As healthy soil is essentially soil with a functioning ecosystem, to build healthy soil, we use regenerative practices to repair our soil ecosystems.

While most soils don’t show the customary signs of soil degradation – erosion and compaction, we still struggle to grow strong, pest and disease-resistant plants and nutrient-dense food. And when the weather turns bad we have trouble growing anything at all!

We need soils with functioning ecosystems to grow robust plants that yield wholesome food. Our soils haven’t been in good working order for so long that we’ve largely forgotten about the free ecological services they naturally provide.[1]

How did we get into this Predicament?

We haven’t given our soil organisms the resources to do the work for which they have had billions of years of on-the-job training!

By designing our gardens and farms to maximise plant growth for human and livestock consumption, our soil organisms have had a lousy catering service. The menu has been limited, portions small, and the service unreliable!

Photo showing how not to build healthy soil

Not much plant biomass growing here to feed soil organisms

And how do we get out…?

The solution… is straightforward. It’s eco-logical!

Using eco-logical approaches to build healthy soil, instead of relying on minerals, compost, and other organic and biological inputs, we alter how we manage our gardens and farms to rely on natural inputs. These are organic materials produced right where we need them by our plants, livestock, and other living organisms. Illustration showing how to build healthy soil

Healthy Soil Ecosystem

Soil ecosystems get their food supplies from root tissues, root exudates (sugars and proteins plants secrete from their roots), and organic waste materials deposited on the soil, which are mainly leaves, other plant tissues, animal remains, and manure.

To give our soil organisms a better diet, we grow a generous, diverse, and preferably consistent food supply for our soil organisms, as well as for ourselves and our livestock.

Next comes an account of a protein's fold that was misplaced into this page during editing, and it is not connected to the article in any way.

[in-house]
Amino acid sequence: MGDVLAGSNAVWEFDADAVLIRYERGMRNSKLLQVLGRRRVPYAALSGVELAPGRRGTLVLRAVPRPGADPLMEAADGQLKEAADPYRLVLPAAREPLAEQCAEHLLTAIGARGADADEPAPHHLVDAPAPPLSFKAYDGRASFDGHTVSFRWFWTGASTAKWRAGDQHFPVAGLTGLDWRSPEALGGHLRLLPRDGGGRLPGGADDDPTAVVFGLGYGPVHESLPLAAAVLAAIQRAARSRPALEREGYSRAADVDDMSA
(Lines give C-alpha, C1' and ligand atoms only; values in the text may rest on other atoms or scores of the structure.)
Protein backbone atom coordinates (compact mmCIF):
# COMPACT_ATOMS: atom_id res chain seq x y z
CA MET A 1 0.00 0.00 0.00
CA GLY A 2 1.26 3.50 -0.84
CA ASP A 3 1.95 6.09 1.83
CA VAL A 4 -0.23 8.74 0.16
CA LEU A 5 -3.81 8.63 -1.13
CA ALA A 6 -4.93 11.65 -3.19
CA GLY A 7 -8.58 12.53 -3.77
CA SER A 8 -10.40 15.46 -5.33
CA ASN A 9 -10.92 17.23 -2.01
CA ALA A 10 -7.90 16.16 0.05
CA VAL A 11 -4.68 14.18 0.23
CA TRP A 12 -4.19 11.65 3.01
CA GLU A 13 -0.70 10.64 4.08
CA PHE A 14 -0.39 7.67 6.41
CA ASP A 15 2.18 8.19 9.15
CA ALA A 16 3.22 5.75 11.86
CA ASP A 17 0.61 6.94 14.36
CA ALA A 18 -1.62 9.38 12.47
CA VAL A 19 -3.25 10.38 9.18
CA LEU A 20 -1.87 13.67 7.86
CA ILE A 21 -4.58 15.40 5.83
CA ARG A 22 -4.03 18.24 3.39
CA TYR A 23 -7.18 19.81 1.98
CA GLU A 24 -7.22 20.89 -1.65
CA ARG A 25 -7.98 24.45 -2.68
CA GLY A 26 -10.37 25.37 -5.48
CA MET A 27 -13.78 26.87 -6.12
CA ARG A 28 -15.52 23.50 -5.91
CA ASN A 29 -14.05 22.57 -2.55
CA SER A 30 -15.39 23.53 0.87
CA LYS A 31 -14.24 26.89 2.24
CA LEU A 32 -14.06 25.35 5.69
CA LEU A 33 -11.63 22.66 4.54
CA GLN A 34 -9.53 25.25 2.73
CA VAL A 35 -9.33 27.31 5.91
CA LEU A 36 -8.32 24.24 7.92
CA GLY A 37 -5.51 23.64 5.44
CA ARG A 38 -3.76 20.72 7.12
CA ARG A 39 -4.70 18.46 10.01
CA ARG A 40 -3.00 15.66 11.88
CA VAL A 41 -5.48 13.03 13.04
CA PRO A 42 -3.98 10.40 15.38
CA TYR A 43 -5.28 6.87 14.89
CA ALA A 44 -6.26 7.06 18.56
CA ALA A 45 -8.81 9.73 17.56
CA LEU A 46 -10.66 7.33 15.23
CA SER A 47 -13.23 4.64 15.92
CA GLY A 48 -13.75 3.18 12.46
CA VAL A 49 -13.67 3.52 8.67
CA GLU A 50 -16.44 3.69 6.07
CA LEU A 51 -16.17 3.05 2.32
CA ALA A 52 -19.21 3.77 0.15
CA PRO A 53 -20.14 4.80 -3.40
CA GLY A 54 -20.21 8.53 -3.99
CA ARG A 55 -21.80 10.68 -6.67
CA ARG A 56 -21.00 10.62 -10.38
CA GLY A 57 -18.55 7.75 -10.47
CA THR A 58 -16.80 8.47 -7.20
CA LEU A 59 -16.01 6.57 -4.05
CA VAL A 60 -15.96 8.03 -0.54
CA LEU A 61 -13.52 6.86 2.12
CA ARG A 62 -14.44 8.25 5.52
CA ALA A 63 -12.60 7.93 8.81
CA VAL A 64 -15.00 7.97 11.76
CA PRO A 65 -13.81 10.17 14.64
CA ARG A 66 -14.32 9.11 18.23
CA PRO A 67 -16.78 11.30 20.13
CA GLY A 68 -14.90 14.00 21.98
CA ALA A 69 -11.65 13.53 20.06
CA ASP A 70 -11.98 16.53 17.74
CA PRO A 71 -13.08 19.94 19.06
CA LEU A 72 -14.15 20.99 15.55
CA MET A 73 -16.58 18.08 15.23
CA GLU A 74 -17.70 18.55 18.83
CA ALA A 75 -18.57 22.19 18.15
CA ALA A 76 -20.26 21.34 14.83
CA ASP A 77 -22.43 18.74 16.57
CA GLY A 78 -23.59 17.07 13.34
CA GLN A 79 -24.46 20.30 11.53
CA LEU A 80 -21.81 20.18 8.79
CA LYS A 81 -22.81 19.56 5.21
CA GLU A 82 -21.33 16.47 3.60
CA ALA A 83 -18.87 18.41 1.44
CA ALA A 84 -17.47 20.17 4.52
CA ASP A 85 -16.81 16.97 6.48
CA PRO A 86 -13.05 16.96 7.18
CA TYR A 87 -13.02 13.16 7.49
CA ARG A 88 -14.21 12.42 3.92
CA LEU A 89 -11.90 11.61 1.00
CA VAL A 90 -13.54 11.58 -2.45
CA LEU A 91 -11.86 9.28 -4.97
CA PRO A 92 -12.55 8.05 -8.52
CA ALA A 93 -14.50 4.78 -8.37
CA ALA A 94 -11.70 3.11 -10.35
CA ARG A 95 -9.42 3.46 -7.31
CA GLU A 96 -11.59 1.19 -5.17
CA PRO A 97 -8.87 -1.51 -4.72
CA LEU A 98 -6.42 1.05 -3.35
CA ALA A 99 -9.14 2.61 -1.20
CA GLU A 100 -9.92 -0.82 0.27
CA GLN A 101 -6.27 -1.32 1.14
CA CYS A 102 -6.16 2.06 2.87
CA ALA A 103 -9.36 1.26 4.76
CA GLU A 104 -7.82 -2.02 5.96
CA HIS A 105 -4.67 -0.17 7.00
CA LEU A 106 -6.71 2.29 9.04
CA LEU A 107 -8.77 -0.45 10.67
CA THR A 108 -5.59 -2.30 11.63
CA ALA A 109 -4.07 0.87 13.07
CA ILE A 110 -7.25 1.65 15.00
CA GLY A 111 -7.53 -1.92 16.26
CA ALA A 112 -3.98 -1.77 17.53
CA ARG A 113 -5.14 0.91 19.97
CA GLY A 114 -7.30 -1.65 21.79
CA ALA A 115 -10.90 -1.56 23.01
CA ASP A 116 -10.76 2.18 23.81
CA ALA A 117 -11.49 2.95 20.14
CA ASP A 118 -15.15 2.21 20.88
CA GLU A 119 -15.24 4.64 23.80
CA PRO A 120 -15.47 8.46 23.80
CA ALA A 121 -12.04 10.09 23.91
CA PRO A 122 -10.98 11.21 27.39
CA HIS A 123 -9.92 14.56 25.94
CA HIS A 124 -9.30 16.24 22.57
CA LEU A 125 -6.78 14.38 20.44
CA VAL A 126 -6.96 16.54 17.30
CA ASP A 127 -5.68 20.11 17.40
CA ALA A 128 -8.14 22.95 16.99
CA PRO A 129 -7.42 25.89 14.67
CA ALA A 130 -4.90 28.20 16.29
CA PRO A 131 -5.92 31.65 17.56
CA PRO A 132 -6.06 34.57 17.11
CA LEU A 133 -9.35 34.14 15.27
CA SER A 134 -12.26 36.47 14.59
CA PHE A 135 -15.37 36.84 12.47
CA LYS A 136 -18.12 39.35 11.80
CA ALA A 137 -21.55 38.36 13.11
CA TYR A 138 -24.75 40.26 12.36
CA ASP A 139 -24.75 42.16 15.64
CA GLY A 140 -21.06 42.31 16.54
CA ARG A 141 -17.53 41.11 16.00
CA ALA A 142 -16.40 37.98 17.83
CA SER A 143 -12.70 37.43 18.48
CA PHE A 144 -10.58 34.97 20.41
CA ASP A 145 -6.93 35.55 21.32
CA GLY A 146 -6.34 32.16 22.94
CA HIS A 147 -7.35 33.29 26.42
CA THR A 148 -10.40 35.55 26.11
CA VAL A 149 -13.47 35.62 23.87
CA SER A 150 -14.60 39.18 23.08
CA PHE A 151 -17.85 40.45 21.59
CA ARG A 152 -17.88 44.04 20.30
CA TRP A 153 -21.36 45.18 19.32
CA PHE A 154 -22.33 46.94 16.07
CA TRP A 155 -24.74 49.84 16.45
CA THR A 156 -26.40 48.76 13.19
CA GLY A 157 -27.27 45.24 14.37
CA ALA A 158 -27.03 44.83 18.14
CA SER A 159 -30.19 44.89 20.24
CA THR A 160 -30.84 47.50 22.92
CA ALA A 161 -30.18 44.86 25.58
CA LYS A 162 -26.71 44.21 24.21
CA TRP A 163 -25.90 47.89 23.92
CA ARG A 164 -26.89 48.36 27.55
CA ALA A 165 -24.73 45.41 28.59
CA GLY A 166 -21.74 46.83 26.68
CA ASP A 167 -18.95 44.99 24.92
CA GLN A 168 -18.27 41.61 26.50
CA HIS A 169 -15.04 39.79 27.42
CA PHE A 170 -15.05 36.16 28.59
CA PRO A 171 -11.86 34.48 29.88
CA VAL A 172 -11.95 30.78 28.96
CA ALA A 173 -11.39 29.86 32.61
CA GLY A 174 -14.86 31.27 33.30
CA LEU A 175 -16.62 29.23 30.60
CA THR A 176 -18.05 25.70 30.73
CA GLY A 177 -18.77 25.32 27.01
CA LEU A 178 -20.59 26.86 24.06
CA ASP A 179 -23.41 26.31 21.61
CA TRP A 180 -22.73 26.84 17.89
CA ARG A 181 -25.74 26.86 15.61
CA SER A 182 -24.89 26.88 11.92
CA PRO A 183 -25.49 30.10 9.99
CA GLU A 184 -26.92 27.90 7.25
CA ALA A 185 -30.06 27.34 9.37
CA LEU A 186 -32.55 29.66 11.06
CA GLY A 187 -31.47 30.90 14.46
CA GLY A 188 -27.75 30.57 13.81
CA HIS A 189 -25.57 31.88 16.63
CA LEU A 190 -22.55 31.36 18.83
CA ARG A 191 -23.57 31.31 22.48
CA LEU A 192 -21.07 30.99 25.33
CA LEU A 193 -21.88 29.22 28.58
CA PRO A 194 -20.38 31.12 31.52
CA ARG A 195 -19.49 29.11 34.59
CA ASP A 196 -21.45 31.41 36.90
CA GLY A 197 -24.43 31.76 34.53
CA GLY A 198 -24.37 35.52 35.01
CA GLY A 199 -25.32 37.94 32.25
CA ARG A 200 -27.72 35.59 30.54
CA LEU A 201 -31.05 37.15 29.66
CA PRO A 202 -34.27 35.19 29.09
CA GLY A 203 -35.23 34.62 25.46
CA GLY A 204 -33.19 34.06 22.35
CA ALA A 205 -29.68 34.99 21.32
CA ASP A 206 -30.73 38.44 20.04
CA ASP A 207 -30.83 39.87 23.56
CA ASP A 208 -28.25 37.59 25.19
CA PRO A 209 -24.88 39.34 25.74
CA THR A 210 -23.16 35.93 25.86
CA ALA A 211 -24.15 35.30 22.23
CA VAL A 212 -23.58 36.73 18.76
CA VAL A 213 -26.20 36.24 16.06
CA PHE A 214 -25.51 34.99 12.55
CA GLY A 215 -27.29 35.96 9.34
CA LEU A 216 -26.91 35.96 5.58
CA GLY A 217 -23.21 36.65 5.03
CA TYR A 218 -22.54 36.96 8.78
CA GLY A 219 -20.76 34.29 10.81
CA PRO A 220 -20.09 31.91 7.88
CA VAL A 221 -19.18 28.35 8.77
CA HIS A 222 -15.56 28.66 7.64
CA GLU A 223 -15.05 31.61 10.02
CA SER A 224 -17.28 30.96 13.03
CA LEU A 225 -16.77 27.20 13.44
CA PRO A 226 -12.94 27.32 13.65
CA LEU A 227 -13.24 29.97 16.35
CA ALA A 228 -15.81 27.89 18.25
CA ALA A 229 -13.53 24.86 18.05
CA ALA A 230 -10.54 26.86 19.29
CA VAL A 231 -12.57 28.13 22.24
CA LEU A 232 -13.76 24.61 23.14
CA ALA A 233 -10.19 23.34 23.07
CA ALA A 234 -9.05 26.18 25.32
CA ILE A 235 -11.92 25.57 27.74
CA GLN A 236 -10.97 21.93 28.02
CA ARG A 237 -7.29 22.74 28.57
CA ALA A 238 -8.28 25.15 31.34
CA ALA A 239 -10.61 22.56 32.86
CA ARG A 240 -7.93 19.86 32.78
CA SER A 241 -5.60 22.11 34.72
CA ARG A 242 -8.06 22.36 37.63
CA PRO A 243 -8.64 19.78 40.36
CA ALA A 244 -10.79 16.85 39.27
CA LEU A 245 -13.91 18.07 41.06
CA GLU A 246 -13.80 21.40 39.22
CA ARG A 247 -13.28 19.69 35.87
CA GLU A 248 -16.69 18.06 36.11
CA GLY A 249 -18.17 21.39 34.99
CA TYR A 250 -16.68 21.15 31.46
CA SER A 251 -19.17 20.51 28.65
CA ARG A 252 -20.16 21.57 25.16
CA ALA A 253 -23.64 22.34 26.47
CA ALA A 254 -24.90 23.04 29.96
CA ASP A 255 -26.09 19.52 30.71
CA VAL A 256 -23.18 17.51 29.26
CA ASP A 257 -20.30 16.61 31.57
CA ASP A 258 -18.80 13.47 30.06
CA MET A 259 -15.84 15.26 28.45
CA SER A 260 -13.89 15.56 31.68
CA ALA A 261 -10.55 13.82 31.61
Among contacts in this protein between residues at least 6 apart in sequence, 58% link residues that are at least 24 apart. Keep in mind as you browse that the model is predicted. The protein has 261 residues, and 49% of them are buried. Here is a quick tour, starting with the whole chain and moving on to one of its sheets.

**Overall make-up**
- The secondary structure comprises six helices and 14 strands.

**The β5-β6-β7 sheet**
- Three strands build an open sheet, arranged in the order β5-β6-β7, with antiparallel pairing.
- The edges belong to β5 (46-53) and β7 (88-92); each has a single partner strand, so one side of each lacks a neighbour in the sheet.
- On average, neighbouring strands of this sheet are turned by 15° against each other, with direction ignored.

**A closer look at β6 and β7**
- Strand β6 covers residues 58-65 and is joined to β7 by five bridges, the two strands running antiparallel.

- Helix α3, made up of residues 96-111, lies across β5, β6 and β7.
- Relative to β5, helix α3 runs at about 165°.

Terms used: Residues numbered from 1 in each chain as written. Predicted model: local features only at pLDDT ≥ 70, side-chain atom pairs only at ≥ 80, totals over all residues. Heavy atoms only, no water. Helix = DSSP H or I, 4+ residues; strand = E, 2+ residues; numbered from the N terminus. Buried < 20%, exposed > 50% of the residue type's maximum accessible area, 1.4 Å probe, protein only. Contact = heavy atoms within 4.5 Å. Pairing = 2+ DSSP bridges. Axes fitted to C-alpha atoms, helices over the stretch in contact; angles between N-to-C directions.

By growing an abundance of plants producing root exudates and recycling the wealth of plant biomass in our soil we give our soil organisms a better diet. By growing a variety of plants we create bio-diverse communities of soil organisms reducing pest and disease issues and the impacts of challenging weather conditions.

Giving soil organisms the resources to get our ecosystems functioning again, we benefit from three billion years of research and development carried out in every soil type on the planet, courtesy of Nature!


Building Healthy Soil on your Land

If you have access to mulch, minerals, compost and other organic and biological inputs, use them initially to tackle deficiencies that may otherwise hold you back. Remember, though, that the relying solely on these inputs, we limit the ability of our soil ecosystem to provide support with growing food.[2]

Concentrate on improving the food supply to your soil ecosystem. There are many different ways to do this. The trick is using regenerative practices that work well for your climate, other growing conditions and what you grow.

Recommended articles –

  1. What is Healthy Soil?
  2. Compost and Biological Fertilisers – Are they Regenerative?
  3. How to reduce Fertiliser Costs
  4. Recommended Videos – Eco-logical Techniques for Regenerating Soil
  5. How to do Regenerative Farming and Gardening – Ecologically
  6. Principles of Regenerative Farming and Gardening

Or better still, develop practical solutions for your farm or garden with these resources.

References – How to Build Healthy Soil

[1] Wendy Seabrook, 2021, What is Healthy Soil, Learning from Nature

[2] Wendy Seabrook, 2022, Compost and Biological Fertilisers – Are they Regenerative? Learning from Nature

Featured image © Wendy Seabrook  


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